Nonprofits that succeed with individual donations are open and outwardly focused. For those who have not succeeded in this arena, learning to express gratitude and creating a culture of philanthropy can represent real cultural shifts. Nonprofits that succeed adroitly balance donor and organization needs. The recent National Public Radio scandal highlights the dangers of being “too eager” to obtain money. High-net-worth donors can demand or suggest actions that get their recipient nonprofits “off track.” The impact can be subtle or dramatic.

Most critically, long-term individual donations require that your organization be healthy and led by healthy, mature people. Fundraising is relationship-based. Donors want attractive, self-assured, and inviting relationships. Undone housekeeping in this area will impede your success.

7. What is the general process of developing individual donations?

Individual giving involves two levels:

Level One- A numbers game. You create as large a community around your cause as possible and encourage people to donate to it. Over time, you help them to renew and increase their donations.

Level Two- A strategy and execution exercise. You identify a subset of passionate, committed donors with means from Level One givers and then focus on them. This level gets the right players on the bus, finds out what motivates them, designs requests around mutual goals, and asks these donors to make significant gifts.

8. Who makes a good prospect for large donations?

The three classic tests for nonprofits of donor readiness are ability, passion, and connection. Ability involves the financial means to make a gift. Passion is that they care about your cause. Connection is based on a relationship with your organization: they volunteer, use the service, or otherwise know about you. Of the three, you have the most control over connections. Offer numerous opportunities for people to increase their relationship with the organization.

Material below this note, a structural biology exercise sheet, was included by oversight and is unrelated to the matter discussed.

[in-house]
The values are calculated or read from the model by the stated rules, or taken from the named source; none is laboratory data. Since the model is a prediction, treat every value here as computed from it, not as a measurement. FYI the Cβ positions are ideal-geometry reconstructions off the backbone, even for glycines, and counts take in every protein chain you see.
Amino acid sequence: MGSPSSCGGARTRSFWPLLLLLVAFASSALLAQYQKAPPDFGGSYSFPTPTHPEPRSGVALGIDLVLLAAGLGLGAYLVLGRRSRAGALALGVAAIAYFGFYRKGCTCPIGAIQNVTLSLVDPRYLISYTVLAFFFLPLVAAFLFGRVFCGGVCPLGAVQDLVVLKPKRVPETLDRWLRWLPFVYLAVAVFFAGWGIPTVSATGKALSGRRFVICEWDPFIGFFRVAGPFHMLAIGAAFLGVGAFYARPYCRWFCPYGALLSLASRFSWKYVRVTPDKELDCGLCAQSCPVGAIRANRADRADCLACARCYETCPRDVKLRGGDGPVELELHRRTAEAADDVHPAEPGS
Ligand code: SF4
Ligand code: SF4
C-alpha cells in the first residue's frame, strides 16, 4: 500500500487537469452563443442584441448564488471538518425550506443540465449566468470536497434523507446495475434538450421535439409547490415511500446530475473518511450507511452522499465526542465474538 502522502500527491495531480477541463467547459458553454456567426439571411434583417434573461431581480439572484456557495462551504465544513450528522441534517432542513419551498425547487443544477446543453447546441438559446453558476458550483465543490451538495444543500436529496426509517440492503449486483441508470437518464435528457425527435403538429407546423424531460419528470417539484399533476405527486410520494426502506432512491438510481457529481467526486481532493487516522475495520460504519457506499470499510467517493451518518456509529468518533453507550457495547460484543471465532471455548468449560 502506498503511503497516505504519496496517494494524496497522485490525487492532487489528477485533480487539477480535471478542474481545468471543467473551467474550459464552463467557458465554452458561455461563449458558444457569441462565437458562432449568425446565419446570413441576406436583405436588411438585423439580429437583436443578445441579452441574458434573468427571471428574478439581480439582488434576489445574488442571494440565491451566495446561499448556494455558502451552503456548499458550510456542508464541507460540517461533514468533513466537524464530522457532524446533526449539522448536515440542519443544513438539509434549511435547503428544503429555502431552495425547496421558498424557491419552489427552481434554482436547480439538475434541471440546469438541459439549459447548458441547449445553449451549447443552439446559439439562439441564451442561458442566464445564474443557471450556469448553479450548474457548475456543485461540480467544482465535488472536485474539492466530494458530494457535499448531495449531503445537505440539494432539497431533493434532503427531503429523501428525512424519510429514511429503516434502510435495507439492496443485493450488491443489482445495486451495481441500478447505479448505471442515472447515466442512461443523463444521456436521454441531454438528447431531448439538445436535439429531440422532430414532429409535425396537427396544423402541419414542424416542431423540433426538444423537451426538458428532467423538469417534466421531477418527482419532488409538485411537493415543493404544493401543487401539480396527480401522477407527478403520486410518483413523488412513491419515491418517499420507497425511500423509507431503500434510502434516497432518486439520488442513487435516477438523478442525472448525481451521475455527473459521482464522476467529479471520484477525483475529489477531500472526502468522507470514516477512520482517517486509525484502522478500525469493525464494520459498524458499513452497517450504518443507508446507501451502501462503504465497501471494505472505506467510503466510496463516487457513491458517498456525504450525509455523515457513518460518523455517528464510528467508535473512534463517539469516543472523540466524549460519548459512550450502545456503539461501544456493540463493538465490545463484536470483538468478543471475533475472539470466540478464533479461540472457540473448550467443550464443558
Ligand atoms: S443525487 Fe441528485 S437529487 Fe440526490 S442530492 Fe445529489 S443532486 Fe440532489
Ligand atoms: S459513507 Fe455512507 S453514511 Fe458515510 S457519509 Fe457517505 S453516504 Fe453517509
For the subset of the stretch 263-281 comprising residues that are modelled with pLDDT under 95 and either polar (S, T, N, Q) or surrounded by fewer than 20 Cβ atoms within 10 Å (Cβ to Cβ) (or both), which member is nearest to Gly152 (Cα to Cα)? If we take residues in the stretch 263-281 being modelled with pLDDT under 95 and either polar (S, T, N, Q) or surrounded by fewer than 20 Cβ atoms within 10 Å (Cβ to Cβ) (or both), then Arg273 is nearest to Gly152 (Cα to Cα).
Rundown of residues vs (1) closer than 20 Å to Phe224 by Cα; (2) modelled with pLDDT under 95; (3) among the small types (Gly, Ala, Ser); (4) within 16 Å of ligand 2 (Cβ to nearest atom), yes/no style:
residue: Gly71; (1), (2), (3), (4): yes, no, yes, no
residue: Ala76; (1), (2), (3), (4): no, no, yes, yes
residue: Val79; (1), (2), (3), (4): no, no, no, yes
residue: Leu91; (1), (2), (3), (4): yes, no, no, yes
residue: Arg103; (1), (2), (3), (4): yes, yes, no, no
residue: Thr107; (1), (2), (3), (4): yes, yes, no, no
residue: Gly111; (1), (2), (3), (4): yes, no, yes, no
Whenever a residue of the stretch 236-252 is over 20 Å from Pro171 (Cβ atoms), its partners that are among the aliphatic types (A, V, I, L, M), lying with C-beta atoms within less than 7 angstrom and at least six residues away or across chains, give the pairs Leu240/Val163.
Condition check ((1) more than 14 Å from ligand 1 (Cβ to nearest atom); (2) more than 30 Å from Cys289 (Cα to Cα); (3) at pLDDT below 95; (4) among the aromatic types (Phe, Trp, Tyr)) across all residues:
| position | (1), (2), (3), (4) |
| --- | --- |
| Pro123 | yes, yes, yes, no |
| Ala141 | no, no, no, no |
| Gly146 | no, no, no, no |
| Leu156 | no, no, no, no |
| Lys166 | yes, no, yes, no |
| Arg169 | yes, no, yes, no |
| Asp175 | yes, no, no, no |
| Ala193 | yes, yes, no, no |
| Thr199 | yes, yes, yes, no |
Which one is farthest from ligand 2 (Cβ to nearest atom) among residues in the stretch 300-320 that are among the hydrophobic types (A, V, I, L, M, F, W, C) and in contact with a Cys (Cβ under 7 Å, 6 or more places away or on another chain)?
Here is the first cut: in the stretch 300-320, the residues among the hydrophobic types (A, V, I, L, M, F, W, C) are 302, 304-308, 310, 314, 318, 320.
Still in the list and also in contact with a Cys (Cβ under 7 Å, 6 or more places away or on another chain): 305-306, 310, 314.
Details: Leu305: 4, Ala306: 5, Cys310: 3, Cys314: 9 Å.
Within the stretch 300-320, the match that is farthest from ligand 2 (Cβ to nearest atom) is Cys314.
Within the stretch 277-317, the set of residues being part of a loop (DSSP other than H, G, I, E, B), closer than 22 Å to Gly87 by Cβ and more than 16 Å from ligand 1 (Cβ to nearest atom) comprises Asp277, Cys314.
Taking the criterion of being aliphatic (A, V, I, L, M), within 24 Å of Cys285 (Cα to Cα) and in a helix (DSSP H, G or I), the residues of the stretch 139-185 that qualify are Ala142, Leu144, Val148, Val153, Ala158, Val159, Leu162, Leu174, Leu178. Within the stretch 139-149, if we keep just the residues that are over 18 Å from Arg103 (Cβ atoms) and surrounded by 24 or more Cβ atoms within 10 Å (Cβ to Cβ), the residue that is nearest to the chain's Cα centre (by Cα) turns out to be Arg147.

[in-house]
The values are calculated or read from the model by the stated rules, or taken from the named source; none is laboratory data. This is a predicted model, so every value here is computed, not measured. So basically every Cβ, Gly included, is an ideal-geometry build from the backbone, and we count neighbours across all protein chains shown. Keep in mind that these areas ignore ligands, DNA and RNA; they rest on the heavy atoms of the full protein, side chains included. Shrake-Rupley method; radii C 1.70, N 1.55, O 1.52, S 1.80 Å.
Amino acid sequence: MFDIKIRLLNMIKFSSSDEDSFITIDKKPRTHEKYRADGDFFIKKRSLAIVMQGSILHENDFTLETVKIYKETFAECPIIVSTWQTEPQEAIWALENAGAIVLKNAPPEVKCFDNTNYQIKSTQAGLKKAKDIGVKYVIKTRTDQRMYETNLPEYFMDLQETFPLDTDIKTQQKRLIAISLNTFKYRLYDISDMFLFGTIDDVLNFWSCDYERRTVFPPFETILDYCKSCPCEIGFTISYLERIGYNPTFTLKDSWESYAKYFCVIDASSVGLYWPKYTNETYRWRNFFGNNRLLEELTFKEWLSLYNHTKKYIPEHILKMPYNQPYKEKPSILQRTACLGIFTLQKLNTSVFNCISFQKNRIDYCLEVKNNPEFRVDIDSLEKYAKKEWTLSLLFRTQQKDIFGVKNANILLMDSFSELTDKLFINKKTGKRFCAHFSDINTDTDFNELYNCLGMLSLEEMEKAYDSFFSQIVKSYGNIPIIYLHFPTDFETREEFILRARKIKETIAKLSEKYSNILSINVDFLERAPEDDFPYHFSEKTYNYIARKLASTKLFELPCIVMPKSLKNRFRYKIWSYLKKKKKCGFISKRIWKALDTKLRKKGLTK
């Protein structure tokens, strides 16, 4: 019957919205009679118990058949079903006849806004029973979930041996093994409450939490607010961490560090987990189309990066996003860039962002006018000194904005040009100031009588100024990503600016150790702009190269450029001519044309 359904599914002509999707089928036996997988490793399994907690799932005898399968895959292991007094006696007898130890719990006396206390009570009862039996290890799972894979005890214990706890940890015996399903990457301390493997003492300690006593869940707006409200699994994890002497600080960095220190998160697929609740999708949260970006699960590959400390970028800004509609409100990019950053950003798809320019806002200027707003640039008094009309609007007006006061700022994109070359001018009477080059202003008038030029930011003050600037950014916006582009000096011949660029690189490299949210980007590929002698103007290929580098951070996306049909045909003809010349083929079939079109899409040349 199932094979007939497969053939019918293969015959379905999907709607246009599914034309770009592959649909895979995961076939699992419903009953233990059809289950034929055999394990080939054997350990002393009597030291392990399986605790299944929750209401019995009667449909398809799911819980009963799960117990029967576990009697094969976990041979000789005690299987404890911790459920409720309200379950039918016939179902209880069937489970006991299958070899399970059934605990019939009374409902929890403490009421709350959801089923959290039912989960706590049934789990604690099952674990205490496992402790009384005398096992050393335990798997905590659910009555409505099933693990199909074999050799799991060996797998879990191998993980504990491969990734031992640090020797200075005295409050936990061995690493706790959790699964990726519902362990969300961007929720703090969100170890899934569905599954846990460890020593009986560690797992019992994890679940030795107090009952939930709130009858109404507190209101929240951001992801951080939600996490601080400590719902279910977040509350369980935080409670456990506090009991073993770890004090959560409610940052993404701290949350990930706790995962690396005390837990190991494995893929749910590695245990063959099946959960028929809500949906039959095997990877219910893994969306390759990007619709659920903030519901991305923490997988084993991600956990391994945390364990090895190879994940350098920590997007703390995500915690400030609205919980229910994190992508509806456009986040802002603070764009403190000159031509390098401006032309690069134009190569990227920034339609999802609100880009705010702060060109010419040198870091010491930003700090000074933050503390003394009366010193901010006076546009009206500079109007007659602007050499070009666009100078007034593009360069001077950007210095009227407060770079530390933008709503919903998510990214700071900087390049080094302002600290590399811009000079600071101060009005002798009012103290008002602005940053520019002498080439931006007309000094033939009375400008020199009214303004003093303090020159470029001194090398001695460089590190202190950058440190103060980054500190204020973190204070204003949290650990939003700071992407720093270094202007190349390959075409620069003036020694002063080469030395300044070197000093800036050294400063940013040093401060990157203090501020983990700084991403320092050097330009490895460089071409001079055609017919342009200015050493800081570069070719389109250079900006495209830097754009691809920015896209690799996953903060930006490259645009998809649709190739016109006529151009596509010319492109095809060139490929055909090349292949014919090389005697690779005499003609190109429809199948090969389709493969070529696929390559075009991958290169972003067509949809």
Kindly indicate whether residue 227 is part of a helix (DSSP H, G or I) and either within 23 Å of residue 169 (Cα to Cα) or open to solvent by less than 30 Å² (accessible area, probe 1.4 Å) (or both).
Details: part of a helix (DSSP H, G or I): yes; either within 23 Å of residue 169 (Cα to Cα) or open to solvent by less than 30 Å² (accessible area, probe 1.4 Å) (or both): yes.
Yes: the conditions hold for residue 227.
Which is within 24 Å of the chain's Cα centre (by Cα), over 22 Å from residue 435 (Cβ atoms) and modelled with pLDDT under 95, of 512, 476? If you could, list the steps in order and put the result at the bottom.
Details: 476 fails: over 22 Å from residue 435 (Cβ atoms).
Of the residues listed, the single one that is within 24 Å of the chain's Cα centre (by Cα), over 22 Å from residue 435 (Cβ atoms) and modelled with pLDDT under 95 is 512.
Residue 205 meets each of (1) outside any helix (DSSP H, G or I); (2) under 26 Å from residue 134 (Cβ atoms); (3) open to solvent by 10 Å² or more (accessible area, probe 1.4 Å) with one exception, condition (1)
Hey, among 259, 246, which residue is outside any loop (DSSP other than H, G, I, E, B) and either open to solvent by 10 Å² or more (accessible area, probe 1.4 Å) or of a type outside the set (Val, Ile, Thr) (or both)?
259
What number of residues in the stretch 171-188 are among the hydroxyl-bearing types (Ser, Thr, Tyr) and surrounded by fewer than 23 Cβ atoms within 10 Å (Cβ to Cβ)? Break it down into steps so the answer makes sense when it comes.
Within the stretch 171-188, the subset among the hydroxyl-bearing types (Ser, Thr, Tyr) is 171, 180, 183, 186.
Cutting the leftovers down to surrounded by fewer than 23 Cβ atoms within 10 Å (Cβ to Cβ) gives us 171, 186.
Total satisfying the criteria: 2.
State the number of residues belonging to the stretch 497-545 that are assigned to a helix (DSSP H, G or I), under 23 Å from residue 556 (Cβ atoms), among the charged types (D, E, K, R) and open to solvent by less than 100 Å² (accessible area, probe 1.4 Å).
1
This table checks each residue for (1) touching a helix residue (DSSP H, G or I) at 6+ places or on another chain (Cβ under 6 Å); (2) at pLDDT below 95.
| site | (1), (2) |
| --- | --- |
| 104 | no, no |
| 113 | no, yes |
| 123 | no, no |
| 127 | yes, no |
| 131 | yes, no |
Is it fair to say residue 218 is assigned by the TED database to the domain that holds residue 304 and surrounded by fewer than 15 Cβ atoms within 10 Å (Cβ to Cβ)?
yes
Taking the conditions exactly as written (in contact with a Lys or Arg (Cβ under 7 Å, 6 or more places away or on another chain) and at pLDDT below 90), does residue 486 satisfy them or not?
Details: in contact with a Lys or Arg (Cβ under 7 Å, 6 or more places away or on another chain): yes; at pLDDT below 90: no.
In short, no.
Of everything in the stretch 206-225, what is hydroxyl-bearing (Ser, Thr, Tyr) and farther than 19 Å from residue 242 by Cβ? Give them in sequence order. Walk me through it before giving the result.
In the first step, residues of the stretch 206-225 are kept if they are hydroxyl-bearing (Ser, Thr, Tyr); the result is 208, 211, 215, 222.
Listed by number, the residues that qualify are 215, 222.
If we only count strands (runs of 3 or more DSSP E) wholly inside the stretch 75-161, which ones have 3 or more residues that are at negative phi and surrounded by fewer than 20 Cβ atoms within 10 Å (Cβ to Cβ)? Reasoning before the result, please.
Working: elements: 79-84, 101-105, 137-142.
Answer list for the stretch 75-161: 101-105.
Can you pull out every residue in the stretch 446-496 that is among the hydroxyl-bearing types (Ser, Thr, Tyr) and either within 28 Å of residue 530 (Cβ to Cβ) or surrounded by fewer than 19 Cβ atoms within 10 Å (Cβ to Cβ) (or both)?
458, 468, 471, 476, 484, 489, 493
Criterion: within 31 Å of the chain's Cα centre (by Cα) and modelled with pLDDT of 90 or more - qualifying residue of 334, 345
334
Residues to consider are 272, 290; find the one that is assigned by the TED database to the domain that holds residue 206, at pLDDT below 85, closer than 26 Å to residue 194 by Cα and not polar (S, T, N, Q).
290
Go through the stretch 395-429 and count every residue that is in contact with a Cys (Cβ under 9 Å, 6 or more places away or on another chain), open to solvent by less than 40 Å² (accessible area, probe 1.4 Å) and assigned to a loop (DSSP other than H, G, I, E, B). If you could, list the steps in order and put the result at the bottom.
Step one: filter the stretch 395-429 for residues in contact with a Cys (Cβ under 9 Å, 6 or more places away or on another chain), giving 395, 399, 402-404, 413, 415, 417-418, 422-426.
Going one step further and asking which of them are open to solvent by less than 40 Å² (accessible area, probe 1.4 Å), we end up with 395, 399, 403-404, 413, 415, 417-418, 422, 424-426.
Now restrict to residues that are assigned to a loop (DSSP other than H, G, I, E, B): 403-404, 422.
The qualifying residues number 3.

Industry-wide, 90 percent of individual donations come from 10 percent of a group’s donors. Most large donors will make a small gift first to test the waters.  For large donations, develop personal relationships with around 20 to 25 people from your pool of donors who are well-to-do local individuals with an interest in your cause. Find donors. Listen to their needs and interests. Develop opportunities that match their interest and your nonprofit’s needs. Ideally a team of two visitors, one of whom is a peer who has made a similar gift, requests a major gift in person. Acknowledge the gift. Continue the relationship. Repeat.

Do

This section discusses what board members can do to support individual donations.

9. What questions should we as board members ask about individual donations? Inquire about yoursuccess. How many people do we have on our contact lists? How many donors do we have? What is the range of gifts? How do these numbers compare to industry averages? What plans exist to gain new donors, keep current donors, and upgrade them? How do we acknowledge and thank donors? What kind of gift do you need from me each year? How can I help you to meet potential donors? How will you help me to be comfortable asking friends and acquaintances to be involved with this organization and even for money?

10. How can I help as a board member?

“Let there be peace on earth and let it begin with me.” Do you remember this song? It reminds us of the need for individual donations from nonprofit leaders. Individual donations begin with the people closest to the organization. The board, volunteers, staff, and customers make gifts first. Why? This group knows and loves the organization and is closest to it. They believe the cause is wonderful and vital. Some organizations set a specific dollar amount for board donations. Others ask for a meaningful gift each board member determines his or her self.